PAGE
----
Scheduled to kick off the 2020 season a month from Thursday, the Bears aren't even permitted to begin non-contact practices until Friday.
But coach Matt Nagy is convinced that his players will be ready when they step onto the field Sunday, Sept. 13 against the Lions in Detroit.
"We can do a lot," Nagy said Wednesday during a video call with the media. "That's the fun part. We're all so excited to get back at it.
"Knowing the time and where we're at before Game 1, we as coaches have to understand that it's a little different. The players have got to understand that there's a little bit more of a sense of urgency. So every single rep that you take in practice, every single rep that you script as a coach, it really has to be magnified.
"And when we're done with practice, we get together, we watch the film, the evaluation process, we have a good process for that. But there's definitely a sense of urgency between all of us and making sure we're effective in every practice."
The Bears released their training camp schedule to the media Tuesday. They're slated to work out without pads Friday and Sunday before conducting their first padded practice Monday. NFL teams are allowed to hold 14 padded practices through Sept. 6.
With very specific protocols that must be followed due to COVID-19, formulating the training camp schedule was not an easy task.
"This schedule can be at times a little bit consuming because you want to get it right," Nagy said. "What they give you, you want to be able to use as much as you can and make it make sense. There are transition times involved. You're trying to please everybody, whether it's the coaches, the players, walking back and forth across the practice fields from the Walter Payton Center to Halas [Hall].
"This has never been done before. There's not one NFL coach that you're going to sit here and ask the question, 'Have you ever done this schedule before?' Because the answer is no. Not one person has done this schedule."
Nagy has informed players and coaches to expect constant changes with the schedule, something that occurred Wednesday.
"There's flexibility, there's creativity, people have to adapt and I think for us, just understanding that and being cool with that," Nagy said. "It's been difficult. But we feel pretty good with it … Every single day we wake up and come to practice, I always have the ability to change the schedule because we're learning. Hopefully you all can take that to an understanding and not get angry when we make a quick [change] like we did today."
Since veterans reported to Halas Hall last Tuesday, they've been limited to strength and conditioning work and walk-though sessions. On Wednesday, quarterbacks were allowed to throw to receivers for the first time. But the offense won't be permitted to face the defense in 7-on-7, 9-on-7 or 11-on-11 drills until Friday.
"We've had a lot of Zoom meetings, we've had a lot of discussions," Nagy said. "We can talk about it; it sounds good through this computer. But today was the first time our entire team—and I'm speaking offensively—[was] able to throw routes from these quarterbacks to the wide receivers, tight ends and running backs, for the first time since last year.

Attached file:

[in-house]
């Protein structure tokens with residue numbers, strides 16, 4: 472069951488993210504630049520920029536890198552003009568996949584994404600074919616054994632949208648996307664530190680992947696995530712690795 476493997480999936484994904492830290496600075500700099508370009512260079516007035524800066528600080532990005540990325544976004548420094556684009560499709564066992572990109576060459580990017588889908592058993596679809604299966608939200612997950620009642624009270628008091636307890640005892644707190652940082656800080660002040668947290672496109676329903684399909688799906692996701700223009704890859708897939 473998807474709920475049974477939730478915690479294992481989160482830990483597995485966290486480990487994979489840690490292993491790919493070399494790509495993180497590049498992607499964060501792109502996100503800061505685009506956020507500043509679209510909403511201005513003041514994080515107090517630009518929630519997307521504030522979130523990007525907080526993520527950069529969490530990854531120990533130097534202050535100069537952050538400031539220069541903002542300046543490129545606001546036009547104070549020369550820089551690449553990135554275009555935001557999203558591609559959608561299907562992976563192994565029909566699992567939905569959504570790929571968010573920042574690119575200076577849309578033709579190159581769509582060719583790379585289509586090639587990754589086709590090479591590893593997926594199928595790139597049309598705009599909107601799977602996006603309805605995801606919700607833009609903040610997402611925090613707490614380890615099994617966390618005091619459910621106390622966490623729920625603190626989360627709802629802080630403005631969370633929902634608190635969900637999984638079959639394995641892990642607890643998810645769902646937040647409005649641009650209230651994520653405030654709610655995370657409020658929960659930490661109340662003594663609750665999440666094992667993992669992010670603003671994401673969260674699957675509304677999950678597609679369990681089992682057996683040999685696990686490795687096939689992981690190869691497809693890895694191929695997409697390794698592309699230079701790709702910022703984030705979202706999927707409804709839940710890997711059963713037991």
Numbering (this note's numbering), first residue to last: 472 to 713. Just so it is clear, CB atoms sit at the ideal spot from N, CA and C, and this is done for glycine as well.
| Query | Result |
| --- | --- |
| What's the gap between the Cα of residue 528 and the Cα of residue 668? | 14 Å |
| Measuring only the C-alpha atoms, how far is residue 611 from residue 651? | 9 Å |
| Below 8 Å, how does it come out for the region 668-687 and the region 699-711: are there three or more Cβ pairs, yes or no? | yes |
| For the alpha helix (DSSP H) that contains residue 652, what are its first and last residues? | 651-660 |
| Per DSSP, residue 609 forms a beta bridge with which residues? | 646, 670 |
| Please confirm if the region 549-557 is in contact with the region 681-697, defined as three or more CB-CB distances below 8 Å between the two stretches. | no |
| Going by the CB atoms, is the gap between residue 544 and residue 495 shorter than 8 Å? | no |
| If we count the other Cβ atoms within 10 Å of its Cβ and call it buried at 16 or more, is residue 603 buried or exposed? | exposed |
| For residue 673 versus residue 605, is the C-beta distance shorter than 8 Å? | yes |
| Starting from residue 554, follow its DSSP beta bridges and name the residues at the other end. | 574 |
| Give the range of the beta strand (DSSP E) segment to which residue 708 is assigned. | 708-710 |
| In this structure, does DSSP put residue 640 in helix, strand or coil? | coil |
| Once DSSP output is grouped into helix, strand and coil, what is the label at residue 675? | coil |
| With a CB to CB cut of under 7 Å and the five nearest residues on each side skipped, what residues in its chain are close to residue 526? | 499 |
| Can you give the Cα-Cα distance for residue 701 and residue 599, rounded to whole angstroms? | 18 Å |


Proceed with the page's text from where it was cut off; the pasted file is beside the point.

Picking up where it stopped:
"I think the league and the players association did a great job at doing this ramp-up deal and knowing that you can't go out there and just play football without having these little intricacies of practice and timing on both sides of the ball. You need to have that first. So today was Day 1 of that."
"We just can't go against each other. We're still kind of in that beginning stage. These guys are going to be really excited to actually go against somebody else on the other side and compete for the first time in a long time."
With quarterbacks Mitchell Trubisky and Nick Foles still not having faced a defense since last year, Nagy conceded that it was premature to begin assessing their performances or handicap their highly-anticipated competition for the starting job.
"When we start getting into competitive periods and the defense is on the other side, I'll be able to better answer that question for you," Nagy said. "These guys are out here throwing the football, they're getting their timing down, they're understanding what they need to do with ballhandling. We're looking at that, but again, the evaluation process that we're all trying to watch and look for and search for really isn't going to start until you put some people on the other side."
Nagy revealed that there's no timeline to determine a starting quarterback.
"That for us is going to be fluid," said the Bears coach. "And when I say that, we've got to be able to see, 'OK, if we need to sneak more competitive periods in' because we feel like we're not getting enough, where things are gray, we'll do that. As far as the timeline of that, we'll get together offensively as coaches, we'll talk through everything, and we'll decide what we think is best in regard to communication to the quarterbacks and then communication as to how we want to handle it with our team.
"It's just as important for everybody to understand that. We're not exactly there yet because we don't know how it's going to go here in the next several weeks. But once we get to that point, we'll keep that stuff private with us, and I promise you when we feel the time is right, you guys will be the first to know—after the quarterbacks."